Both sides in the Wedtech corruption trial found a rare point of agreement when a federal prosecutor shocked the courtroom by calling his boss, outgoing U.S. Attorney General Edwin Meese, "a sleaze."
The Justice Department response Thursday was swift and angry in calling for an in-house investigation. Meese's lawyer branded the remark as "beneath contempt."Assistant U.S. Attorney Edward J. Little stunned spectators at the racketeering trial of Rep. Mario Biaggi, D-N.Y., and six others Thursday when he brought up the sleaze factor, adding in effect, that it didn't matter.
"These defendants can't get out of this case by pointing fingers at Meese. So what? Who cares? That's got nothing to do with what happened in this courtroom," said Little.
Biaggi and his co-defendants are charged with turning Wedtech Corp., a now-bankrupt defense contractor, into a racketeering enterprise that paid millions of dollars in bribes for government contracts and other favors.
The defense has maintained during the four-month trial that corrupt Wedtech executives who testified for the government had links to White House insiders like Meese and did not need to bribe Biaggi.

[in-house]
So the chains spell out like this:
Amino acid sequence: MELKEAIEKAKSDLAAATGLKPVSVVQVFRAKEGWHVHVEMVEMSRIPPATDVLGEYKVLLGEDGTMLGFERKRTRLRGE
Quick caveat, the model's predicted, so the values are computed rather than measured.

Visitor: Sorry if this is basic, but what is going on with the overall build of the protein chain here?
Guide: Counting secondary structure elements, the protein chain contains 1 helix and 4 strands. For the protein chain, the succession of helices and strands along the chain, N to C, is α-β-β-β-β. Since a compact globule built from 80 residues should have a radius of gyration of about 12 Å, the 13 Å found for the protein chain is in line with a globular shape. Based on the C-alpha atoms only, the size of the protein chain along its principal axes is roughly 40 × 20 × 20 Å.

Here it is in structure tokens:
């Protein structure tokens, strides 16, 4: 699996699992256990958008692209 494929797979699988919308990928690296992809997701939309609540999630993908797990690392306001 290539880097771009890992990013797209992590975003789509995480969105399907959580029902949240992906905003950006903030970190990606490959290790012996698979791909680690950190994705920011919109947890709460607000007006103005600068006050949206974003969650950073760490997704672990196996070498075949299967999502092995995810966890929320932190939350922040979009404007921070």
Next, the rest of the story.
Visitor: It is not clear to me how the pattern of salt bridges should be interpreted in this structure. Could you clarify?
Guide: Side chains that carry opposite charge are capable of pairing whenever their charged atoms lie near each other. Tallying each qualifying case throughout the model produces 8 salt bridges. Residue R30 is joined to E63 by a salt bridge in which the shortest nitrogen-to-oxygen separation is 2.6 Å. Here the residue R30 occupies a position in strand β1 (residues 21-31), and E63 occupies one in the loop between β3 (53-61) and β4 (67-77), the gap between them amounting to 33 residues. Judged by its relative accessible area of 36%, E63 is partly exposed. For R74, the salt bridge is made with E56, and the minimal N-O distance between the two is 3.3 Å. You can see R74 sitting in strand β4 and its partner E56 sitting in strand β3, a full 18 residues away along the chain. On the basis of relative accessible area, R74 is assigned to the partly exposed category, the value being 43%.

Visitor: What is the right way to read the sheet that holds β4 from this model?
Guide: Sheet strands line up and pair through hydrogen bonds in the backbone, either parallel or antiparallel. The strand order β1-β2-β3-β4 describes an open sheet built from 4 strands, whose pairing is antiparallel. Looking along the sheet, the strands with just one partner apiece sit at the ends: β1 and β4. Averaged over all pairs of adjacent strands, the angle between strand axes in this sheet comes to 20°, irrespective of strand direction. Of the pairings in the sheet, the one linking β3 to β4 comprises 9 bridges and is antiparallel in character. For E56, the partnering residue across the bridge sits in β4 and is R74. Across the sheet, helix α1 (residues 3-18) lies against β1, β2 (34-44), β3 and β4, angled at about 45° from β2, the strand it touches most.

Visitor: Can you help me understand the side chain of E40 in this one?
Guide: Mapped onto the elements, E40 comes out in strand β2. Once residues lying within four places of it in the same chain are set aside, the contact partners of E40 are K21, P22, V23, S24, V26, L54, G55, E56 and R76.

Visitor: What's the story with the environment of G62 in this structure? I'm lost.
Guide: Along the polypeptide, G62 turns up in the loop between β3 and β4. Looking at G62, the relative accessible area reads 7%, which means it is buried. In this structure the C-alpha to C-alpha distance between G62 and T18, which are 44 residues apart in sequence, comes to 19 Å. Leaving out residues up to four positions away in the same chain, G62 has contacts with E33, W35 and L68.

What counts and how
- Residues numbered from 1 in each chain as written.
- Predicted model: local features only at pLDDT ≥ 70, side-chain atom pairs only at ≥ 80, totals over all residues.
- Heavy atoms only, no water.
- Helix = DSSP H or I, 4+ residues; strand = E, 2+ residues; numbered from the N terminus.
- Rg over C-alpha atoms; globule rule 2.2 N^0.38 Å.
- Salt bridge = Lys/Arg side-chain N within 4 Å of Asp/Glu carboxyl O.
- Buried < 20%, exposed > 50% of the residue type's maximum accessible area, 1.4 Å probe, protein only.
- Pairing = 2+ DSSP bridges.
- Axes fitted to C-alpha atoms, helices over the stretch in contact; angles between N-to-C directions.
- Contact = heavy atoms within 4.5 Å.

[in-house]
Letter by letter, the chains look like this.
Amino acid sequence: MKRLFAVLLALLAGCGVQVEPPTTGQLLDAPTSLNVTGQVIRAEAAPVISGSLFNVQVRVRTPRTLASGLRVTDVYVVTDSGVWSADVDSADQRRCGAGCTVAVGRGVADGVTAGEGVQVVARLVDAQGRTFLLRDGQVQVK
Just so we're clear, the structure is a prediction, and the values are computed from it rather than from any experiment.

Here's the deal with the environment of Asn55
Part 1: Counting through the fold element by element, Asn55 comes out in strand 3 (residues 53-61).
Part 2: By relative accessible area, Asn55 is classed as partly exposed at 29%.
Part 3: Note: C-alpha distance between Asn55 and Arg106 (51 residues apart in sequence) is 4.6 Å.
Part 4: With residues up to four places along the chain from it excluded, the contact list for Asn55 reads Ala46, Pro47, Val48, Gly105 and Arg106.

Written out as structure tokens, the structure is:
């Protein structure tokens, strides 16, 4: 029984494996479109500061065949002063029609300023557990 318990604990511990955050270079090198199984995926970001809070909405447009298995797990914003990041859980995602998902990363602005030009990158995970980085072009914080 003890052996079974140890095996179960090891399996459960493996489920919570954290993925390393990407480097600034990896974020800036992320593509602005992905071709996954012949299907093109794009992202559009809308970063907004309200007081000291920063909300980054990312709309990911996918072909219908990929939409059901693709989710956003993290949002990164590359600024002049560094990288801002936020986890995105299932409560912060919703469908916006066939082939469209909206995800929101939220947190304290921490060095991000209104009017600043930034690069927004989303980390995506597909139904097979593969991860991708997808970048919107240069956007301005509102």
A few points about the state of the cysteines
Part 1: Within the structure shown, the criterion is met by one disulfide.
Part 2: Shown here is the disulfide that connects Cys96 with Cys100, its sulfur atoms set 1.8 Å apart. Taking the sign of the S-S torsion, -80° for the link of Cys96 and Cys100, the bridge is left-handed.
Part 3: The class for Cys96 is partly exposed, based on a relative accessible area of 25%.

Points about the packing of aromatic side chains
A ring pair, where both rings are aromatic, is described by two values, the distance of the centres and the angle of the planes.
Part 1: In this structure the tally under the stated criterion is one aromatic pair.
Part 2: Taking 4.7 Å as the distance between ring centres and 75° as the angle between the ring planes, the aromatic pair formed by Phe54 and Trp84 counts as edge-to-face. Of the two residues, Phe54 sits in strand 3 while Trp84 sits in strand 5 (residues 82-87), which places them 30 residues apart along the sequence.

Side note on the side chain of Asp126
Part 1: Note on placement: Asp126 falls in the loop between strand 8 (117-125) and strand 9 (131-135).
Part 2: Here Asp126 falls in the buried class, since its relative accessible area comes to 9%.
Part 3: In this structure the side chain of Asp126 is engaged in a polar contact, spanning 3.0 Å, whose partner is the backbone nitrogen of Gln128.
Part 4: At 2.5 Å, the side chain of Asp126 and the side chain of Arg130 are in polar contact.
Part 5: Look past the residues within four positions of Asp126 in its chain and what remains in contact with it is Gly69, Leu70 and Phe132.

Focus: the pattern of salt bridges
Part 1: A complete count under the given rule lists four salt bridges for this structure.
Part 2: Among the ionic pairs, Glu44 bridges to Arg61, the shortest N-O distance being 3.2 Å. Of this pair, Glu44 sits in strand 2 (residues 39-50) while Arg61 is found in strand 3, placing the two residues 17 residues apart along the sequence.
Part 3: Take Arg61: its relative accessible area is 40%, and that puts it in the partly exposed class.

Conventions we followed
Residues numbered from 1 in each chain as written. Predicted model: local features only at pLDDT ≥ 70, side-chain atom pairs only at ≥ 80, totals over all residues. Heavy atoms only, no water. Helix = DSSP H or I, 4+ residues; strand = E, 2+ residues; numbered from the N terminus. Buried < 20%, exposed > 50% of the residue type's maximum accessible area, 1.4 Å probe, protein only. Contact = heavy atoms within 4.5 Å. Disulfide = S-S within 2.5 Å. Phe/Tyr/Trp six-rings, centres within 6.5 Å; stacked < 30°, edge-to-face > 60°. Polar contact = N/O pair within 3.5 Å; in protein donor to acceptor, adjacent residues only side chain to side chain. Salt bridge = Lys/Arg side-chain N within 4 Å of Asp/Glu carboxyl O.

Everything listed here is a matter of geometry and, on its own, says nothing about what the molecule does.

The soft-spoken Little said the answer to "this Meese defense" was, "Meese was a sleaze, too, also, in addition to these people." He also denied defense hints that prosecutors were shielding "Ed Meese, our boss."
Little's remarks came near the end of his final argument to the federal jury in Manhattan.
Dominic Amorosa, the first defense attorney to sum up, said he was glad the government "has conceded what we have been saying: Meese is a sleaze, indeed he is and indeed he was."
Final defense arguments were expected to continue into next week.
Meese attorney Nathan Lewin said Little's comment was "beneath contempt. It's ridiculous to make a statement like that. To - even as a matter of prosecution strategy - group the attorney general with these people is beneath contempt."
In Washington, Justice Department spokesman Patrick Korten said, "We have asked the U.S. attorney's office in New York to check to see whether Mr. Little is quoted accurately. If such remarks were made, we would consider them to be inappropriate, unprofessional and, not least, flatly wrong."
Korten declined to comment on whether Little might be subject to disciplinary action, saying, "The first thing we want to do is determine precisely what he said."